Too many times last week I paused my place in The Avalanches’ We Will Always Love You (2020) and crawled out of my dungeon/office/bedroom only to hear my roommate humming along at her own spot in the album. I gave it 8th place on my end of the year list only after listening to it twice through, pushing folklore straight out to honorable mentions.
At first listen, the opening track, “Ghost Story,” messed me up in a way that usually only happens when I re-read lines of Call Me by Your Name. Sinking into my mattress, I stared at my plaster-cracked wall as this woman’s voicemail filled my eyes with tears, perhaps hitting a little too close to home for someone recently out of a long distance relationship. But nevertheless, The Avalanches now had me in complete captivation as We Will Always Love You progressed in waves from this point on.
Earlier this year when The Avalanches dropped their title track, they properly filled a four-year-long void that had been chipping away at all of us. It was exactly what we (I) needed, and after only a minute into “We Will Always Love You,” I was so sure that this melodious masterpiece couldn’t get any better. Until, along came the one and only “Hammond Song,” and I was certain of it—The Avalanches were back.
But when the duo began to release more singles, “Running Red Lights” and “Interstellar Love,” I lost that transcending feeling that “We Will Always Love You” had given me. To me, those tracks were dangerously Coldplay-esq and I was fearful that the incredibly talented musicians might be moving away from the part of their music that made them who they are—plunderphonics.
Plunderphonics—the art of sampling—was never something I knew I needed until I heard Wildflower, The Avalanches’ second album, the summer after my freshman year of college. The scrawny dude in vans across the hall (now one of my closest friends) showed me “Colors”, and I remember my 19 year old self falling in love with this beautiful combination of sounds. It was like I could hear the colors of a sunset, and I didn’t know why. It was unlike anything I had ever experienced before, and with a little help from Deep Cuts, I later discovered it was owed to plunderphonics.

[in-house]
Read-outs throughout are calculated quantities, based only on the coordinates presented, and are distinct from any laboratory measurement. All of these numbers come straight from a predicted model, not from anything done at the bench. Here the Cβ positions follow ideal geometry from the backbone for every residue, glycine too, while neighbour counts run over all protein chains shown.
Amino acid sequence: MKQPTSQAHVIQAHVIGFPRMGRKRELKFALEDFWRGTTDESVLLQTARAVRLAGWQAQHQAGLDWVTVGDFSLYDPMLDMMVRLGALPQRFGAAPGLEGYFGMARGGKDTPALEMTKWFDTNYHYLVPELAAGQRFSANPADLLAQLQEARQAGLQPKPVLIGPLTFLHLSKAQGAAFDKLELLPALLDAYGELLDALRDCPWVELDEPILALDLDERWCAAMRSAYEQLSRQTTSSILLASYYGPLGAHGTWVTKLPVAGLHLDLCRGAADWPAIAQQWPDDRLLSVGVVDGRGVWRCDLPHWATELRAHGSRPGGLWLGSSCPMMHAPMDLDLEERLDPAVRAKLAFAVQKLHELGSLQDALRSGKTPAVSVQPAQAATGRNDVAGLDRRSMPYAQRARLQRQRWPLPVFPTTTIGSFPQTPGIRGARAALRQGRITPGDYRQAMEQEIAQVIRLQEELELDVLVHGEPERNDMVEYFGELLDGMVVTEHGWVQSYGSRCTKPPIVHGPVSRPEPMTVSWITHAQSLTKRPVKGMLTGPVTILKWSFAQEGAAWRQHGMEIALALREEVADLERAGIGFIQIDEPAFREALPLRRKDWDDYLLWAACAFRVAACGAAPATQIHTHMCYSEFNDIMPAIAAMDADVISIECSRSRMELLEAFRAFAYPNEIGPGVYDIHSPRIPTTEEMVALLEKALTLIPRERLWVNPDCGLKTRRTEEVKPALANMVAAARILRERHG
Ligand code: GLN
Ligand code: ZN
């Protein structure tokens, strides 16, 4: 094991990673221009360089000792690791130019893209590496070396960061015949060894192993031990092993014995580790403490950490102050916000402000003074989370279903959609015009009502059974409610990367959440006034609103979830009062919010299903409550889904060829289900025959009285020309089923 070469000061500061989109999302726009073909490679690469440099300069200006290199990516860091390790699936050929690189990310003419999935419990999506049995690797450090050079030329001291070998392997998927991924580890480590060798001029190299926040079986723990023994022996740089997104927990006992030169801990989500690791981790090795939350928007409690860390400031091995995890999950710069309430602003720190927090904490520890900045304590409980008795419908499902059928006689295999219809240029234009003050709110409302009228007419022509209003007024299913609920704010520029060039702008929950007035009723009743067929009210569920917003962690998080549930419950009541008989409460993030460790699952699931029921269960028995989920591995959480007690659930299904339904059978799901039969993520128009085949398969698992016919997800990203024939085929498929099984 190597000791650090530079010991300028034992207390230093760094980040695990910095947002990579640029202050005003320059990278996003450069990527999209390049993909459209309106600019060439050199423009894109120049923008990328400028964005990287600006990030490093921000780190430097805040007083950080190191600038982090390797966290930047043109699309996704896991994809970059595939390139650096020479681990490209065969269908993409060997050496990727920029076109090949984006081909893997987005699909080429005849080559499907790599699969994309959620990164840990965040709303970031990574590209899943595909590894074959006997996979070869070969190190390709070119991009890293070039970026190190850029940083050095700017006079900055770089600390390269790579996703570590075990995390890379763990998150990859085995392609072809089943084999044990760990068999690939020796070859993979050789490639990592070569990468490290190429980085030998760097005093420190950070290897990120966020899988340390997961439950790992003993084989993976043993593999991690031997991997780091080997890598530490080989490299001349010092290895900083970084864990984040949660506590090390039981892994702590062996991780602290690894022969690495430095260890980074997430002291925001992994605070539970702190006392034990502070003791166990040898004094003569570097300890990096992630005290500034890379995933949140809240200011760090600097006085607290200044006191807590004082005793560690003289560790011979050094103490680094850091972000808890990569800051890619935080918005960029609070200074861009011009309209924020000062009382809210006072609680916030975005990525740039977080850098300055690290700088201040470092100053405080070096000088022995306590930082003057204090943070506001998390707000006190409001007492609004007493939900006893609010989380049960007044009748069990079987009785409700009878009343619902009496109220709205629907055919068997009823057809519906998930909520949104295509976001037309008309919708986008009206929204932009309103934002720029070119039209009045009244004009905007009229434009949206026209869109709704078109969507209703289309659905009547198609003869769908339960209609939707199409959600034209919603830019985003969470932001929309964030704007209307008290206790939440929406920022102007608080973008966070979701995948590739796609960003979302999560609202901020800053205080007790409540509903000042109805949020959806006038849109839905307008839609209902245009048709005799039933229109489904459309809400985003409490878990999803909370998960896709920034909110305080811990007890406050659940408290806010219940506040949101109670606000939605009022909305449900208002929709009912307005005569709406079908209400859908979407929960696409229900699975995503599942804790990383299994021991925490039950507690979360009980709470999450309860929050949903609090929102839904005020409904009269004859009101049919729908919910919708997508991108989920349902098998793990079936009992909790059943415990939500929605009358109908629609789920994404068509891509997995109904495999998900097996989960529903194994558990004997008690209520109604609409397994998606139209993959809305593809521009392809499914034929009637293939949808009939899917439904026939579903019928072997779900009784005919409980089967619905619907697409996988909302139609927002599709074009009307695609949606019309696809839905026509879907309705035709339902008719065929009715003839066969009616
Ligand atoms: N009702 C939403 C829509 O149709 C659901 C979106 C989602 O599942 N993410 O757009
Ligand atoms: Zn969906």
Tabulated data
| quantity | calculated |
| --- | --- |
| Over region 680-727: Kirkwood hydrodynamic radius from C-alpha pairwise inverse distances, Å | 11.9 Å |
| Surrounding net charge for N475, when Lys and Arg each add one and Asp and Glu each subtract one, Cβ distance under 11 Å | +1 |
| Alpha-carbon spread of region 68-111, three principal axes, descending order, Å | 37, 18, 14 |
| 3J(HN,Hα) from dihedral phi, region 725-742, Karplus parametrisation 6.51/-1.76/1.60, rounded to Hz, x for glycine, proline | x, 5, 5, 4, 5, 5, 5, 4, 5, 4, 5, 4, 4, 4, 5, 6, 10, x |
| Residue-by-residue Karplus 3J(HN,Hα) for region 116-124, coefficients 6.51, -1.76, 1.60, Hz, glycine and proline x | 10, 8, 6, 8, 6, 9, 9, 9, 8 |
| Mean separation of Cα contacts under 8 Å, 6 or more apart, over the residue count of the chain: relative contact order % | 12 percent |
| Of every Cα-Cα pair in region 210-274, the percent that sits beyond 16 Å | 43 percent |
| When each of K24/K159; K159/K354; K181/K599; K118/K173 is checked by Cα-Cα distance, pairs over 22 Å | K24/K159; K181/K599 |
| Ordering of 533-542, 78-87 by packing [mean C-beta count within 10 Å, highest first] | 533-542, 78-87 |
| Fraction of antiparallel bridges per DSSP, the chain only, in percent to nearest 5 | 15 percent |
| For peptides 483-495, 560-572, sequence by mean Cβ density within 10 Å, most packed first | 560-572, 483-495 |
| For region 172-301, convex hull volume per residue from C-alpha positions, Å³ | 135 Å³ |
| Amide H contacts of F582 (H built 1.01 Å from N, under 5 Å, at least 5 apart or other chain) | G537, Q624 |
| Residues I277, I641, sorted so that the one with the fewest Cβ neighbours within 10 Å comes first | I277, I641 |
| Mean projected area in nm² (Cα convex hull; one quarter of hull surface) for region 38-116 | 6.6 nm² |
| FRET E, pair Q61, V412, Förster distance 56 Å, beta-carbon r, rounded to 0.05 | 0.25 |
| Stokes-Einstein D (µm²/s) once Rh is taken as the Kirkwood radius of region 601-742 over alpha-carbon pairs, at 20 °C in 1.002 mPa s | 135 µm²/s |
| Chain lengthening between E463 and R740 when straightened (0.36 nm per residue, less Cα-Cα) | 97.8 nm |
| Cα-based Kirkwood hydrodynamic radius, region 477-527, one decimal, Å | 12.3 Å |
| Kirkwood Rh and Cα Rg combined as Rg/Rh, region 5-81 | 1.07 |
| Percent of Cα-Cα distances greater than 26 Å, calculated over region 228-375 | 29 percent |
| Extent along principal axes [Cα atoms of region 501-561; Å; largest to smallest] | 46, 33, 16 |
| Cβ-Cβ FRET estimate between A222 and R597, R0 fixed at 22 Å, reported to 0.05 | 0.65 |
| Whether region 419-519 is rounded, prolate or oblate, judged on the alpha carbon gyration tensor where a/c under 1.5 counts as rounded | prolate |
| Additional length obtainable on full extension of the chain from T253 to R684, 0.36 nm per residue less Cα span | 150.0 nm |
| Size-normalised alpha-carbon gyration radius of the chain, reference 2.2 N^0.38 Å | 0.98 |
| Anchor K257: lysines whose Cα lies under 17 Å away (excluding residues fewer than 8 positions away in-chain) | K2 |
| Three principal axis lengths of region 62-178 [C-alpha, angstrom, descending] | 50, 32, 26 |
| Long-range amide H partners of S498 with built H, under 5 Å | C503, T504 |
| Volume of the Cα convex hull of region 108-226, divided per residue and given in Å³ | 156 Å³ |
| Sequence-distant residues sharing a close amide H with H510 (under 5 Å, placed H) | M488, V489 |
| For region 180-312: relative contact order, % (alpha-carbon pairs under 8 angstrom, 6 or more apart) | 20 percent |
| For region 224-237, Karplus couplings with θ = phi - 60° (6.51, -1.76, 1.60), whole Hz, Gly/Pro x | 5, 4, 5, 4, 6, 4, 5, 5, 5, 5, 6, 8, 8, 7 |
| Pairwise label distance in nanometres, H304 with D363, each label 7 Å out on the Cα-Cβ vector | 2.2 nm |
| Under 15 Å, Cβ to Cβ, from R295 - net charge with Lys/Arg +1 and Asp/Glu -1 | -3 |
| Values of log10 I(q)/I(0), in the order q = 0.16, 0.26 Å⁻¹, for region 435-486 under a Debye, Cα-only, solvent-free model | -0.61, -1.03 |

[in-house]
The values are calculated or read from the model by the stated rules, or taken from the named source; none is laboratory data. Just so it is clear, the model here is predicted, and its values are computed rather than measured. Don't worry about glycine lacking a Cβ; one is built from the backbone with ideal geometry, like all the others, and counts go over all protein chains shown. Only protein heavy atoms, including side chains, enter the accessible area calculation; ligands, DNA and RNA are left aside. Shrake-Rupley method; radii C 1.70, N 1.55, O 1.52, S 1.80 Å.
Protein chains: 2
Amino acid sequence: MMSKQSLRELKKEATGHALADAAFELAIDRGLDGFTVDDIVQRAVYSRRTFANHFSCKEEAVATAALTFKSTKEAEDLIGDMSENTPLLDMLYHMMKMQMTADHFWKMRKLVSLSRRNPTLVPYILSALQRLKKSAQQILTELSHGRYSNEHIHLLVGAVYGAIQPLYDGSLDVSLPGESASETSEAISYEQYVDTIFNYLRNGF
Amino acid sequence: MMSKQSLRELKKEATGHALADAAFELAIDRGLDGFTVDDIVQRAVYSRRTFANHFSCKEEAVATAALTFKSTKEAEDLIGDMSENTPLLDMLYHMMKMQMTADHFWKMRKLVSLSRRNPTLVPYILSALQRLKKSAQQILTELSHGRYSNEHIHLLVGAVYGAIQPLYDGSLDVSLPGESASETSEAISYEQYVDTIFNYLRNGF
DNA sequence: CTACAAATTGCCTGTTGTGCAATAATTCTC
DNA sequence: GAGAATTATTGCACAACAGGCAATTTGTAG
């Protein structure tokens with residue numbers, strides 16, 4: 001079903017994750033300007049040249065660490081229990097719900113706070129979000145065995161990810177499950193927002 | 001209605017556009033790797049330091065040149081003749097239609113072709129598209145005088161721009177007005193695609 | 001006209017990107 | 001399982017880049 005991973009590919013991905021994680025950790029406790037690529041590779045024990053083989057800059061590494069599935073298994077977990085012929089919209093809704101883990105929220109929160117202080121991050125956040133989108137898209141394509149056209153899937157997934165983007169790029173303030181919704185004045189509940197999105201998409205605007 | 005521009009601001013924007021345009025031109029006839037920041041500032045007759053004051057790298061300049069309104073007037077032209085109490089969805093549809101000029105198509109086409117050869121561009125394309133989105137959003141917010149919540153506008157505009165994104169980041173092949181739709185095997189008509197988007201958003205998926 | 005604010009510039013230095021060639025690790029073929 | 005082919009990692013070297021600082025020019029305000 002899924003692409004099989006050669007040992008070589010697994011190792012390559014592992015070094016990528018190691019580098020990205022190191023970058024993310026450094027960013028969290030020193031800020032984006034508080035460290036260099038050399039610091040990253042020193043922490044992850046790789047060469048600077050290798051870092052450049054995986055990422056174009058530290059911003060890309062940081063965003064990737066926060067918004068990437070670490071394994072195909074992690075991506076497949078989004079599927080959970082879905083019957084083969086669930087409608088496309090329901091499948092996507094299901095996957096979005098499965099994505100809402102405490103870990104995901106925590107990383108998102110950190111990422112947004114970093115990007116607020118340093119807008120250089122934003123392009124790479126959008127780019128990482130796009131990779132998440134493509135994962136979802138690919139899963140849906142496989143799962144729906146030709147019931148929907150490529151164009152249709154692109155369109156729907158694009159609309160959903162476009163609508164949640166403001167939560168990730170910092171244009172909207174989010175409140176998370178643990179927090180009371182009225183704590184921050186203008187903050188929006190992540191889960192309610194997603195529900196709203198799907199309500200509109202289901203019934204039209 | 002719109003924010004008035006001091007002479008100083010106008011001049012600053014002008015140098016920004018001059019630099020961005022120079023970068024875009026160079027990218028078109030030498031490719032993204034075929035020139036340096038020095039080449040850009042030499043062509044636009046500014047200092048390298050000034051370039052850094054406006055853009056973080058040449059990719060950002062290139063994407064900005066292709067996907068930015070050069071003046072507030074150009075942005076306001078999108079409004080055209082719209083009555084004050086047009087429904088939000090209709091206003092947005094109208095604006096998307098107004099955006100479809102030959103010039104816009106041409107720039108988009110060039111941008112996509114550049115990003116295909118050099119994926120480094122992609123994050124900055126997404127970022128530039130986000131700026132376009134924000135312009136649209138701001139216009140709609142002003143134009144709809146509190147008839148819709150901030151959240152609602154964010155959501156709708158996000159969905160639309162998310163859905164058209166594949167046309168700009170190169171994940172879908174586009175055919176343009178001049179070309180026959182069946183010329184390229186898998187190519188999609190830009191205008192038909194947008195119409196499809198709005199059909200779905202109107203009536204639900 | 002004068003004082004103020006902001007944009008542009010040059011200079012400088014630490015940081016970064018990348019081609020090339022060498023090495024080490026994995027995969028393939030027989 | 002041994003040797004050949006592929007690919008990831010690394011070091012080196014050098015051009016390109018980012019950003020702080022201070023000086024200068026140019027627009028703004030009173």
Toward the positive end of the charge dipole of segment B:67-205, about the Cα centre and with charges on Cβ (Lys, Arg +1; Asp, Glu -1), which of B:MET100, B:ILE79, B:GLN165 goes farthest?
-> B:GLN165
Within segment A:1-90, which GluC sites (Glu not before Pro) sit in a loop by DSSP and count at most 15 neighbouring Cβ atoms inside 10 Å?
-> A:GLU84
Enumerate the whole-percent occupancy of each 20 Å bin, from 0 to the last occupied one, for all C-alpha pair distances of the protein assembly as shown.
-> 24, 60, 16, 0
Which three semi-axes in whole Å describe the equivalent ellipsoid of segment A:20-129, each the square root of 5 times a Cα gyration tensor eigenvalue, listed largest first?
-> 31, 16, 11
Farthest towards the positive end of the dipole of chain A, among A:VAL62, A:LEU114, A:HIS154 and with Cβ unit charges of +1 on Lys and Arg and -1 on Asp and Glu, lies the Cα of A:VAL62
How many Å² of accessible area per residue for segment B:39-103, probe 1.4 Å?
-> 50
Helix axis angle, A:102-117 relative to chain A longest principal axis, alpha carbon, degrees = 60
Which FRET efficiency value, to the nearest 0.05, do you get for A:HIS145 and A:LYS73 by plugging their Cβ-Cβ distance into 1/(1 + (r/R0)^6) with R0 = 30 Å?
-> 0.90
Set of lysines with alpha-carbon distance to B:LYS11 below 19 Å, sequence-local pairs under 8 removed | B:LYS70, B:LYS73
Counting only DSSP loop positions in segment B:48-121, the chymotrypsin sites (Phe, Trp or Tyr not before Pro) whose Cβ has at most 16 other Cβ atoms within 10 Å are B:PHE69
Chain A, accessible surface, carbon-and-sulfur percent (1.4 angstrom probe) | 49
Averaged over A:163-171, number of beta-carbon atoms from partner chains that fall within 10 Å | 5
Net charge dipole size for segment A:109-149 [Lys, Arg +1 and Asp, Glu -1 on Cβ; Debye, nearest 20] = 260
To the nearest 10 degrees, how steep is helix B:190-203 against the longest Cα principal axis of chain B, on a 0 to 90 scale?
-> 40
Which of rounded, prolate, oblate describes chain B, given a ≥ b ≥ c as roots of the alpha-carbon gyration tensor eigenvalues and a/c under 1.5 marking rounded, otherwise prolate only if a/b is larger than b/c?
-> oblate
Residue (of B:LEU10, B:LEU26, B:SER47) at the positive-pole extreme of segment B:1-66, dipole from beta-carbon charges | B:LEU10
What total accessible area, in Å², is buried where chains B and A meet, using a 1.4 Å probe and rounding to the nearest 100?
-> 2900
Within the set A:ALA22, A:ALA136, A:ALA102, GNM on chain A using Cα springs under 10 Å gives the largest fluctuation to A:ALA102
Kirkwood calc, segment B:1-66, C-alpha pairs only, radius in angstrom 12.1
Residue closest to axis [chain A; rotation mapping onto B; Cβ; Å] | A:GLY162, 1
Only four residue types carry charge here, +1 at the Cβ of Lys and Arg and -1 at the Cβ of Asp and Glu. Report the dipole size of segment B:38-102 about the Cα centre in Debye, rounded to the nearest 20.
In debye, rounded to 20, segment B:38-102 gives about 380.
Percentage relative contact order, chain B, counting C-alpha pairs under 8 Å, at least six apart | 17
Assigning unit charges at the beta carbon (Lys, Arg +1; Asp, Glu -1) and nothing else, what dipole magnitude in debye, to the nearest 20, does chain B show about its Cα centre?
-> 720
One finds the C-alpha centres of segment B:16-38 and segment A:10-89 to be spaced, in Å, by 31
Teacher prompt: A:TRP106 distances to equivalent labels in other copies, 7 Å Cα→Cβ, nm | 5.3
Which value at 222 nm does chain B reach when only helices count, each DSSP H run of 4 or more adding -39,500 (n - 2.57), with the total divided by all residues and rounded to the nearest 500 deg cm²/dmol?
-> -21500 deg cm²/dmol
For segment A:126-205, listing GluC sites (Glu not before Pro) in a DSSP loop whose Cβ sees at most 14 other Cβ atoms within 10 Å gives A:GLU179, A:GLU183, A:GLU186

John Oswald coined this term in his essay/presentation where he explains the art of reusing sound and artistically compiling different samples to create such a noise that is simultaneously erratic yet feels like everything is falling into place. It’s non traditional, and can leave new listeners feeling unsettled because it rebels against the dominant musical structure and subverts all of your learned expectations. It is more than experimental because it can maintain structure while shedding predictability.
At first listen, We Will Always Love You feels adrift from The Avalanches’ plunderphonic-based roots. Their craft in sampling feels more scarce—not quite as overt as is in Wildflower (yo yo dance your pain away). But after a few more listens though, it became clear that the sampling is much subtler, discreetly morphing multiple sounds into one. The album is far from erratic and flows as a cohesive whole while successfully fluctuating through various moods and temperaments; I’d like to be twirling under a disco ball to “Music Makes Me High” (does anyone else hear a faint yell from Kate Bush toward the end?), and crying under a disco ball to “Overcome.” Tracks like these two reaffirm the incredible skill of The Avalanches and their ability to weave together independently beautiful sounds, and morph them into an unexpected masterpiece. Despite my disappointment in “Reflecting Light” (you sample Vashti Bunyan and this is what you come up with??), and the ick in the Coldplay-esq tracks, the lower points of the record for me were always followed up with sounds that hit in all the right places.